The Wyvern Mystery, by J. Sheridan Le Fanu

Chapter 11


In his dream, a pale frightened face approached him slowly, and recoiling uttered a cry. The scream was horribly prolonged as the figure receded. He thought he recognised some one—dead or living he could not say—in the strange, Grecian face, fixed as marble, that with enormous eyes, had looked into his.

With this sound ringing in his ears he awoke. As is the case with other over-fatigued men, on whom, at length, slumber has seized, he was for a time in the attitude of wakefulness before his senses and his recollection were thoroughly aroused, and his dream quite dissipated. Another long shriek, and another, and another, he heard.

Charles recognised, he fancied, his wife’s voice. Scared, and wide awake, he ran from the room—to the foot of the stairs—up the stairs. A tread of feet he heard in the room, and the door violently shaken, and another long, agonized scream.

Over this roof and around it is the serenest and happiest night. The brilliant moon, the dark azure and wide field of stars make it a night for holy thoughts, and lovers’ vigils, so tender and beautiful. There is no moaning night-wind, not even a rustle in the thick ivy. The window gives no sound, except when the gray moth floating in its shadow taps softly on the pane. You can hear the leaf that drops of itself from the tree-top, and flits its way from bough to spray to the ground.

Even in that gentle night there move, however, symbols of guilt and danger. While the small birds, with head under wing, nestle in their leafy nooks, the white owl glides with noiseless wing, a murderous phantom, cutting the air. The demure cat creeps on and on softly as a gray shadow till its green eyes glare close on its prey. Nature, with her gentleness and cruelty, her sublimity and meanness, resembles that microcosm, the human heart, in which lodge so many contrarieties, and the shabby contends with the heroic, the diabolic with the angelic.

In this still night Alice’s heart was heavy. Who can account for those sudden, silent, but terrible changes in the spiritual vision which interpose as it were a thin coloured medium between ourselves and the realities that surround us—how all objects, retaining their outlines, lose their rosy glow and golden lights, and on a sudden fade into dismallest gray and green?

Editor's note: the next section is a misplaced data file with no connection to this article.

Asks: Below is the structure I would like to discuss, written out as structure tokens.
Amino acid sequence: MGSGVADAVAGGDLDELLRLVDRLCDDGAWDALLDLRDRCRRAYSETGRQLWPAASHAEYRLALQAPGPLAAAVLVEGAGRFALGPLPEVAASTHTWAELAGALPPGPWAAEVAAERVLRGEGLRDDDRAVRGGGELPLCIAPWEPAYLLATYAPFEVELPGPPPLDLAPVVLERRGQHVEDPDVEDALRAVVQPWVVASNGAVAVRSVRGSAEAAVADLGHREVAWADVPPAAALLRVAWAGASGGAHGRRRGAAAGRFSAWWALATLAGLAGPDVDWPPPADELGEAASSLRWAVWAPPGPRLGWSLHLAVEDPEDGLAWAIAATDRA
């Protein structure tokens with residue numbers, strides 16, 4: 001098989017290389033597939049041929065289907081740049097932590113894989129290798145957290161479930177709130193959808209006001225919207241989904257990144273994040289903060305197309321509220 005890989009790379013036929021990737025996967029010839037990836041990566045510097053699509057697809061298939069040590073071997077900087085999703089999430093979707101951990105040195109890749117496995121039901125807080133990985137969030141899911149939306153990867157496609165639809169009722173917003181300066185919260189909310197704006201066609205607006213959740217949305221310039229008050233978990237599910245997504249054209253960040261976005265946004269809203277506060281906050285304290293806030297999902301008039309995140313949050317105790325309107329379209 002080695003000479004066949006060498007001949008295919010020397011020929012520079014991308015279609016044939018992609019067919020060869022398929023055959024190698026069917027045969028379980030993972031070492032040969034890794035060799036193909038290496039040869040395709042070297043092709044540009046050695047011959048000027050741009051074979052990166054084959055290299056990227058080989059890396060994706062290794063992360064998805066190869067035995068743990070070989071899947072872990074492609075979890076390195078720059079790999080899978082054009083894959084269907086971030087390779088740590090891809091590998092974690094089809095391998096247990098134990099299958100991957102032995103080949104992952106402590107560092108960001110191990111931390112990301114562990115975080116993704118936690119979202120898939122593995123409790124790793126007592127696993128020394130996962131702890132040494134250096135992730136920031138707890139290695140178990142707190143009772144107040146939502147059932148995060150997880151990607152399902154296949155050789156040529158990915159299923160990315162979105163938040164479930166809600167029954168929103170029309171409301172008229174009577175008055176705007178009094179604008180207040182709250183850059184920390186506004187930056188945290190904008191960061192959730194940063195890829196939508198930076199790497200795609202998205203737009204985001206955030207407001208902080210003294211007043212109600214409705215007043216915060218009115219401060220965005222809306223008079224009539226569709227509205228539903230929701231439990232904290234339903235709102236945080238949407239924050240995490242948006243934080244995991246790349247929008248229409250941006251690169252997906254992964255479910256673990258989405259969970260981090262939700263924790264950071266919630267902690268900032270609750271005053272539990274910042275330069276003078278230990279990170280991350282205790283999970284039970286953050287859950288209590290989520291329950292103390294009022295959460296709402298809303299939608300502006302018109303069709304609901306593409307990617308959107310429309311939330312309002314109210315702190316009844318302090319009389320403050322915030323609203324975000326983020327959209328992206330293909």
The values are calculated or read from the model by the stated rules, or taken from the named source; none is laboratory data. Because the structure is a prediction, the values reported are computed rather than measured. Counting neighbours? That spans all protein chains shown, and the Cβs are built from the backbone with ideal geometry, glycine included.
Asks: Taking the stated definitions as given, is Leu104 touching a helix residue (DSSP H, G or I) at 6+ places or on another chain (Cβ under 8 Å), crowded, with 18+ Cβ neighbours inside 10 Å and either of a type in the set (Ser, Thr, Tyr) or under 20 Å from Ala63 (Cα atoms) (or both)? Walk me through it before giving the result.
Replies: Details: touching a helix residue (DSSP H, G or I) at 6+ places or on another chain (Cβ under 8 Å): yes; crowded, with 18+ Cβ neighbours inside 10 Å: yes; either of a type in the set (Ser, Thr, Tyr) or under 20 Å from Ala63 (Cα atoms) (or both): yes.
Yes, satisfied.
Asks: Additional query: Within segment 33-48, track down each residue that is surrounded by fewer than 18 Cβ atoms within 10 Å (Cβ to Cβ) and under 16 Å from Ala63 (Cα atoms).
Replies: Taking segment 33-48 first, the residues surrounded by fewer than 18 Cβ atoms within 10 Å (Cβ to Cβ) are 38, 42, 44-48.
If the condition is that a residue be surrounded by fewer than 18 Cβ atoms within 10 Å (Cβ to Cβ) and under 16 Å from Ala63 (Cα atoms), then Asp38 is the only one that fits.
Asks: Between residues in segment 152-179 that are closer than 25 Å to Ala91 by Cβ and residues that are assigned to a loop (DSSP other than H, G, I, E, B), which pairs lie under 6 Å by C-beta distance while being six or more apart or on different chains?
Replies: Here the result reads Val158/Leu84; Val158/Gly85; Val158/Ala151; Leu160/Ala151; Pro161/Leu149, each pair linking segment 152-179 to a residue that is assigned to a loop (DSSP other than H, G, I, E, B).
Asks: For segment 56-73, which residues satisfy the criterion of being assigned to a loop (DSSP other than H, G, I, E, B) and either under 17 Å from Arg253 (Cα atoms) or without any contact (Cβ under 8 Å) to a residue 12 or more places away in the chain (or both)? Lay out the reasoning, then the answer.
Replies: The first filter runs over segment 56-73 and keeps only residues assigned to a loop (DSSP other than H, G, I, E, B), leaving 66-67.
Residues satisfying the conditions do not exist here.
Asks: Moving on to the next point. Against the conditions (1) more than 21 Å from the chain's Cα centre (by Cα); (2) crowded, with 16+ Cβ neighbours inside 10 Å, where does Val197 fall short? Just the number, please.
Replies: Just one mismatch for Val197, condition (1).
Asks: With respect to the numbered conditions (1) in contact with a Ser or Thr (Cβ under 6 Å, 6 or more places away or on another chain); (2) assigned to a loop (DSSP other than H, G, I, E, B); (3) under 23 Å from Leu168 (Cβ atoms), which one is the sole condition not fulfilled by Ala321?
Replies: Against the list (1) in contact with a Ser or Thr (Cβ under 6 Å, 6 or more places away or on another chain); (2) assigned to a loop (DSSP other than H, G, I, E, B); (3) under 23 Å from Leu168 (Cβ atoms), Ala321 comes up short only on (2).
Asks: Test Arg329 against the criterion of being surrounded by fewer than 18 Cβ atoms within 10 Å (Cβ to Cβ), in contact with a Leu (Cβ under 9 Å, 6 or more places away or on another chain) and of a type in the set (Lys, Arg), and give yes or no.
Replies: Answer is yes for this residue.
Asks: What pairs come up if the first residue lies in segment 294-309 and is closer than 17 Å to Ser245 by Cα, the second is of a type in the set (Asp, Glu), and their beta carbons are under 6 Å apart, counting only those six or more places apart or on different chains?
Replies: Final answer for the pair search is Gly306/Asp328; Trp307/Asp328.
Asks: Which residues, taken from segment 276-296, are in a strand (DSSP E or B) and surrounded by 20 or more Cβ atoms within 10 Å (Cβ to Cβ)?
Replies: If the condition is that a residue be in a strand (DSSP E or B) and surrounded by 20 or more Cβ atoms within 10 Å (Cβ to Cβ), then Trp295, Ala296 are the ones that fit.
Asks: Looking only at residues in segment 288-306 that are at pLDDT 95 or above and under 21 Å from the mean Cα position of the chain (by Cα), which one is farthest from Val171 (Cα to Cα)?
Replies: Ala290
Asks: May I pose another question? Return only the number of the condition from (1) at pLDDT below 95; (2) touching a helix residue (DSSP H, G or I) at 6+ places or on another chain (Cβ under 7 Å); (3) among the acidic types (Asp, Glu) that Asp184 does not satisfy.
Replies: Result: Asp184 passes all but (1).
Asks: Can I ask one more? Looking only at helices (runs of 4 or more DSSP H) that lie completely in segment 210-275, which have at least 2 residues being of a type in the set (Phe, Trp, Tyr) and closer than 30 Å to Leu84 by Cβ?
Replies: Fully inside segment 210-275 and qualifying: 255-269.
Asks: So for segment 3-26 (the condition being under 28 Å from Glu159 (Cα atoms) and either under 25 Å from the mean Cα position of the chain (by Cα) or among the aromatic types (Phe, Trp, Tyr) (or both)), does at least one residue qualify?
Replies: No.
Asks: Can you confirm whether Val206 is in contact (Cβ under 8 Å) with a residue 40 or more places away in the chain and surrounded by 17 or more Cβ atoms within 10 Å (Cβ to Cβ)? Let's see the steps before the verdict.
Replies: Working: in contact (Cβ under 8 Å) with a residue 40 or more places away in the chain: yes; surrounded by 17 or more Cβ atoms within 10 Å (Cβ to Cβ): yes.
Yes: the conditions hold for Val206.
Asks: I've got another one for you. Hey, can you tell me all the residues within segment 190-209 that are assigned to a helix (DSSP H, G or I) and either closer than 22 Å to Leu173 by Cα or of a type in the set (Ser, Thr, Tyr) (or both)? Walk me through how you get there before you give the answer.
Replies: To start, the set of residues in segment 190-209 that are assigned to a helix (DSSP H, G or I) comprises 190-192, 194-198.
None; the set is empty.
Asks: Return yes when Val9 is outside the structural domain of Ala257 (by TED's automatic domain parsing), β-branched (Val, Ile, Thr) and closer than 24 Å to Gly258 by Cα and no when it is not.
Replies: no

“Dulcibella, do you think he’s coming? Oh! Dulcibella, do you think he’ll come tonight?”

“He may, dear. Why shouldn’t he? Lie down, my child, and don’t be sitting up in your bed so. You’ll never go asleep while you’re listening and watching. Nothing but fidgets, and only the wider awake the longer you watch. Well I know it, and many a long hour I laid awake myself expectin’ and listenin’ for poor Crane a comin’ home with the cart from market, long ago. He had his failin’s—as who has not? poor Crane—but an honest man, and good-natured, and would not hurt a fly, and never a wry word out of his mouth, excepting maybe, one or two, which he never meant them, when he was in liquor, as who is there. Miss Ally, will not be sometimes? But he was a kind, handsome fellow, and sore was my heart when lie was taken,” and Dulcibella wiped her eyes. “Seven-and-twenty years agone last Stephen’s Day I buried him in Wyvern Churchyard, and I tried to keep the little business agoin’, but I couldn’t make it pay no how, and when it pleased God to take my little girl six years after, I gave all up and went to live at the vicarage. But as I was sayin’, miss, many a long hour I sat up a watchin’ for my poor Crane on his way home. He would sometimes stop a bit on the way, wi’ a friend or two, at the Cat and Fiddle—’twas the only thing I could ever say wasn’t quite as I could a’ liked in my poor Crane. And that’s how I came to serve your good mother, miss, and your poor father, the good vicar o’ Wyvern—there’s not been none like him since, not one—no, indeed.”

“You remember mamma very well?”

“Like yesterday, miss,” said old Dulcibella, who often answered that question. “Like yesterday, the pretty lady. She always looked so pleasant, too—a smiling face, like the light of the sun coming into a room.”

“I wonder, Dulcibella, there was no picture.”

“No picture. No miss. Well, ye see, Miss Ally, dear, them pictures, I’m told, costs a deal o’ money, and they were only beginnin’ you know, and many a little expense—and Wyvern Vicarage is a small livelihood at best, and ye must be managin’ if ye’d keep it—and good to the poor they was with all that, and gave what many a richer one wouldn’t, and never spared trouble for them; they counted nothin’ trouble for no one. They loved all, and lived to one another, not a wry word ever; what one liked t’other loved, and all in the light o’ God’s blessin’. I never seen such a couple, never; they doated on one another, and loved all, and they two was like one angel.”

“Lady Wyndale has a picture of poor mamma—very small—what they call a miniature. I think it quite beautiful. It was taken when she was not more than seventeen. Lady Wyndale, you know, was ever so much older than mamma.”

“Ay, so she was, ten year and more, I dare say,” answered Dulcibella.

“She is very fond of it—too fond to give it to me now; but she says, kind aunt, she has left it to me in her will. And oh! Dulcibella, I feel so lonely.”